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Across The Globe 1 in 10 School Children Are Overweight
Posted: Wednesday, May 19, 2004
The report, compiled by The International Obesity Task Force, estimates that at least 155 million, or 10 percent, of kids between the ages of 5 and 17 are too heavy, and almost 45 million of them are obese.
The findings were submitted to the World Health Organization on the eve of a critical vote by the world's health ministers next week on the adoption of a global strategy on diet, physical activity and health.
The strategy, which the U.N. health agency has been developing for two years, aims to head off a worldwide crisis in chronic diseases linked to bad eating habits and lack of exercise. A third of all deaths globally are from ailments linked to weight, lack of exercise and smoking. Worldwide, the number of fat people outstrips the number of hungry people.
The prevalence of overweight is dramatically higher in rich countries, but developing countries are quickly catching up and rates are rising almost everywhere.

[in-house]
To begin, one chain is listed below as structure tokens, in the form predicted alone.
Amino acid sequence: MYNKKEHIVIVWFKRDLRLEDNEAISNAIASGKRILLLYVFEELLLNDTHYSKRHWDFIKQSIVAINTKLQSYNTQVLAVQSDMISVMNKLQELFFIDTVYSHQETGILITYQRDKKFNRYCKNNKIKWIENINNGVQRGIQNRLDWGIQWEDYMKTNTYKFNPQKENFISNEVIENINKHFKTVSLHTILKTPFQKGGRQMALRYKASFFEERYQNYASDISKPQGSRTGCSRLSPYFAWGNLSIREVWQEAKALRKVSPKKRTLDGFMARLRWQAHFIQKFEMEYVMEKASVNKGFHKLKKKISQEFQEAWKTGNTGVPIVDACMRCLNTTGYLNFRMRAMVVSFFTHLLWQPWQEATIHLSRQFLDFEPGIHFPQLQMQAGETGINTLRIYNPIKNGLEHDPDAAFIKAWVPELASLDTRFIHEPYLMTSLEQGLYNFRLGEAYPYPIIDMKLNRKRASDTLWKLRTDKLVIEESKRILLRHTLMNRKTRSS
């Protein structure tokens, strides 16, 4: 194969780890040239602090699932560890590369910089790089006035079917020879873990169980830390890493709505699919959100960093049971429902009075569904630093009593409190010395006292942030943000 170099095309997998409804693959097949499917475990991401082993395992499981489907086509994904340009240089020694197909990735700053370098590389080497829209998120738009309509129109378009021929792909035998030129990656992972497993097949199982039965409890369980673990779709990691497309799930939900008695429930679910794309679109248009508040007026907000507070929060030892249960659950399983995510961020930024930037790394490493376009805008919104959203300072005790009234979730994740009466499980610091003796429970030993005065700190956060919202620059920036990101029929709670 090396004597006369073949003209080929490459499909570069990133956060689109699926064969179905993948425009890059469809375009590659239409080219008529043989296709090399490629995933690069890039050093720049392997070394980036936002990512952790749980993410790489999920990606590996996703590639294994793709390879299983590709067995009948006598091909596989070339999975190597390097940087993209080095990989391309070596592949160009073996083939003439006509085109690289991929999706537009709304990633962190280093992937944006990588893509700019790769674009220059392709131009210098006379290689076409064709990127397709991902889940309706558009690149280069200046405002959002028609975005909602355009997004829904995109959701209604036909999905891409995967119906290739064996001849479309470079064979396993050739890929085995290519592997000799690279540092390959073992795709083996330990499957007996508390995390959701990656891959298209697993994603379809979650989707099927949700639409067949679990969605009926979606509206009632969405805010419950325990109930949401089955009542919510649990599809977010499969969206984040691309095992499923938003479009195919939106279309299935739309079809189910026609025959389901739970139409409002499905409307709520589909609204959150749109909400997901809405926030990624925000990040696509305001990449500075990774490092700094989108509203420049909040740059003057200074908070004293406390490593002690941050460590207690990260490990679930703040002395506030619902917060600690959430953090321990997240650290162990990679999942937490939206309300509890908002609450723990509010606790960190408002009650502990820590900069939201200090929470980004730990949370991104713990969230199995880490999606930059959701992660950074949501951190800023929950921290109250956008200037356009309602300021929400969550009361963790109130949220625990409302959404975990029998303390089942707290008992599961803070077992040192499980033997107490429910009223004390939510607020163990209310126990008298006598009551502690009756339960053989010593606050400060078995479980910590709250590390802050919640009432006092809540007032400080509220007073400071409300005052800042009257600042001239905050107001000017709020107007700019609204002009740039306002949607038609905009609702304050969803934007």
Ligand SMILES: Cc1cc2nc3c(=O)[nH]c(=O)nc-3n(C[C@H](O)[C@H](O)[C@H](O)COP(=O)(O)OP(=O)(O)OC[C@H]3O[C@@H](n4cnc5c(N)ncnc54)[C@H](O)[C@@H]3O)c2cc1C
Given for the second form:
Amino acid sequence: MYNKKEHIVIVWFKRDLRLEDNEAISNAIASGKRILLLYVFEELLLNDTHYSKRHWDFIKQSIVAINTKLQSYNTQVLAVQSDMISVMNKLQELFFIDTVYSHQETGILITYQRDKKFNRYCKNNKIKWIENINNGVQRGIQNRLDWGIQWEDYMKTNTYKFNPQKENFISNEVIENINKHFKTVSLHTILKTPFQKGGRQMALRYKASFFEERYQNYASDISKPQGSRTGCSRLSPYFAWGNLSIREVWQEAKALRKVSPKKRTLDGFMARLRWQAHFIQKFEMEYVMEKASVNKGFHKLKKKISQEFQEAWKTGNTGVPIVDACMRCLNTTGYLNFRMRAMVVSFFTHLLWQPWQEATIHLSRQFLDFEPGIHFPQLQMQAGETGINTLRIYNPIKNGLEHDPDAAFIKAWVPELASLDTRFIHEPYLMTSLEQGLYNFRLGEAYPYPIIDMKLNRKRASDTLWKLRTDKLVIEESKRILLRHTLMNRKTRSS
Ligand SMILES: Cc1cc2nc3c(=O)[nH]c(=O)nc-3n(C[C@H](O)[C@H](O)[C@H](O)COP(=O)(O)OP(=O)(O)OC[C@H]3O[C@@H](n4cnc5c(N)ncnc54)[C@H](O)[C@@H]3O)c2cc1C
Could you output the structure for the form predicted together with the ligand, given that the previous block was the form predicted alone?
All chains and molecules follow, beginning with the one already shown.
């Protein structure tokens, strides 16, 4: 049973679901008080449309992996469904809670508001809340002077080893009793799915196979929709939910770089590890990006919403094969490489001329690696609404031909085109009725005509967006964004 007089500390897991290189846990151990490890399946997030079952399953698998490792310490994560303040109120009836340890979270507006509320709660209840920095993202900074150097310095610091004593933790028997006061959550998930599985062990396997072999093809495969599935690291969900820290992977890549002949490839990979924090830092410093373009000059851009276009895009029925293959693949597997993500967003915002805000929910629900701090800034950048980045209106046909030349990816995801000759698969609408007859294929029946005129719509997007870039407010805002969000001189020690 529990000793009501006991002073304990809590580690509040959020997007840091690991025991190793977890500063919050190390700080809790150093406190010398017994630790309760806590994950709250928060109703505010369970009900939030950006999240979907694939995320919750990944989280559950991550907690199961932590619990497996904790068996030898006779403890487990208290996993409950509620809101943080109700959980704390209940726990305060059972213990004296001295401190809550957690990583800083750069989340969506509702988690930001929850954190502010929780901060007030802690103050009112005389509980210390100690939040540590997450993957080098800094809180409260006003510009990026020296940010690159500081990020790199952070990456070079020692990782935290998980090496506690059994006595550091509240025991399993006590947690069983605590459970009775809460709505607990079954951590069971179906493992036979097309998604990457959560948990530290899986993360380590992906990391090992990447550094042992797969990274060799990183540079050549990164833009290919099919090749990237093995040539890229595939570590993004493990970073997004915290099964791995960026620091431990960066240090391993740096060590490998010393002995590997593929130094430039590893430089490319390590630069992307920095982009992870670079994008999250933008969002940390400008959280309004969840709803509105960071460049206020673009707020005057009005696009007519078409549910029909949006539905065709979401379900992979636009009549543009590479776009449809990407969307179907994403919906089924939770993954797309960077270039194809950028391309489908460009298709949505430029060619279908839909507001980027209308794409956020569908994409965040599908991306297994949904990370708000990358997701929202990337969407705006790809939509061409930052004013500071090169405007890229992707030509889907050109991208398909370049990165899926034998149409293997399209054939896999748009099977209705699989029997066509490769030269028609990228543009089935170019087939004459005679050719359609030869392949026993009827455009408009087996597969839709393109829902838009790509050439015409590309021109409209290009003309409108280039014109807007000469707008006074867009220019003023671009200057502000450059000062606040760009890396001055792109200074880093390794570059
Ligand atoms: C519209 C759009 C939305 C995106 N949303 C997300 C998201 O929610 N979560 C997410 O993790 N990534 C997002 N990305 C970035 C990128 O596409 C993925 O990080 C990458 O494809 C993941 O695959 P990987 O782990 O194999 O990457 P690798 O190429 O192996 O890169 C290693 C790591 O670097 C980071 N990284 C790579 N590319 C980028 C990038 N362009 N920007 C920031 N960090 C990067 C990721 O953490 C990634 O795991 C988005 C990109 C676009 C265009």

In South Africa, 25 percent of teenage girls are too fat - similar to the average in the United States, which has one of the world's biggest obesity problems.
In Europe, childhood obesity has increased steadily, with the highest prevalence in southern European countries. About 15 percent of children in northern Europe are too fat, compared with about 30 percent in the south, the report estimates.
In Italy, a recent survey found that 36 percent of 9-year-olds were overweight or obese.
While in some developing countries childhood obesity was most dominant among the wealthy, it is also rising among the urban poor.
In the United States, overweight rose twice as fast during the 1990s in Hispanic and black pre-teenage children than in white children, the report found.
The International Obesity Task Force, a coalition of independent obesity scientists and research organizations, called on the World Health Organization to help countries develop national obesity action plans with a high priority set for tackling the prevention of childhood obesity.
"This report is the result of one of the most comprehensive collaborations between experts in the pediatric field, all seriously concerned about what is happening to children throughout the world," said one of the report's authors, Dr. Ricardo Uauy, chair of public health at the London School of Hygiene and Tropical Medicine. "We really cannot afford to delay any longer."
Actions that could be taken include providing more opportunities for exercise and play, limiting television viewing and restricting junk food advertising and marketing to children, Uauy said.
Source: Diabetes In Control.com
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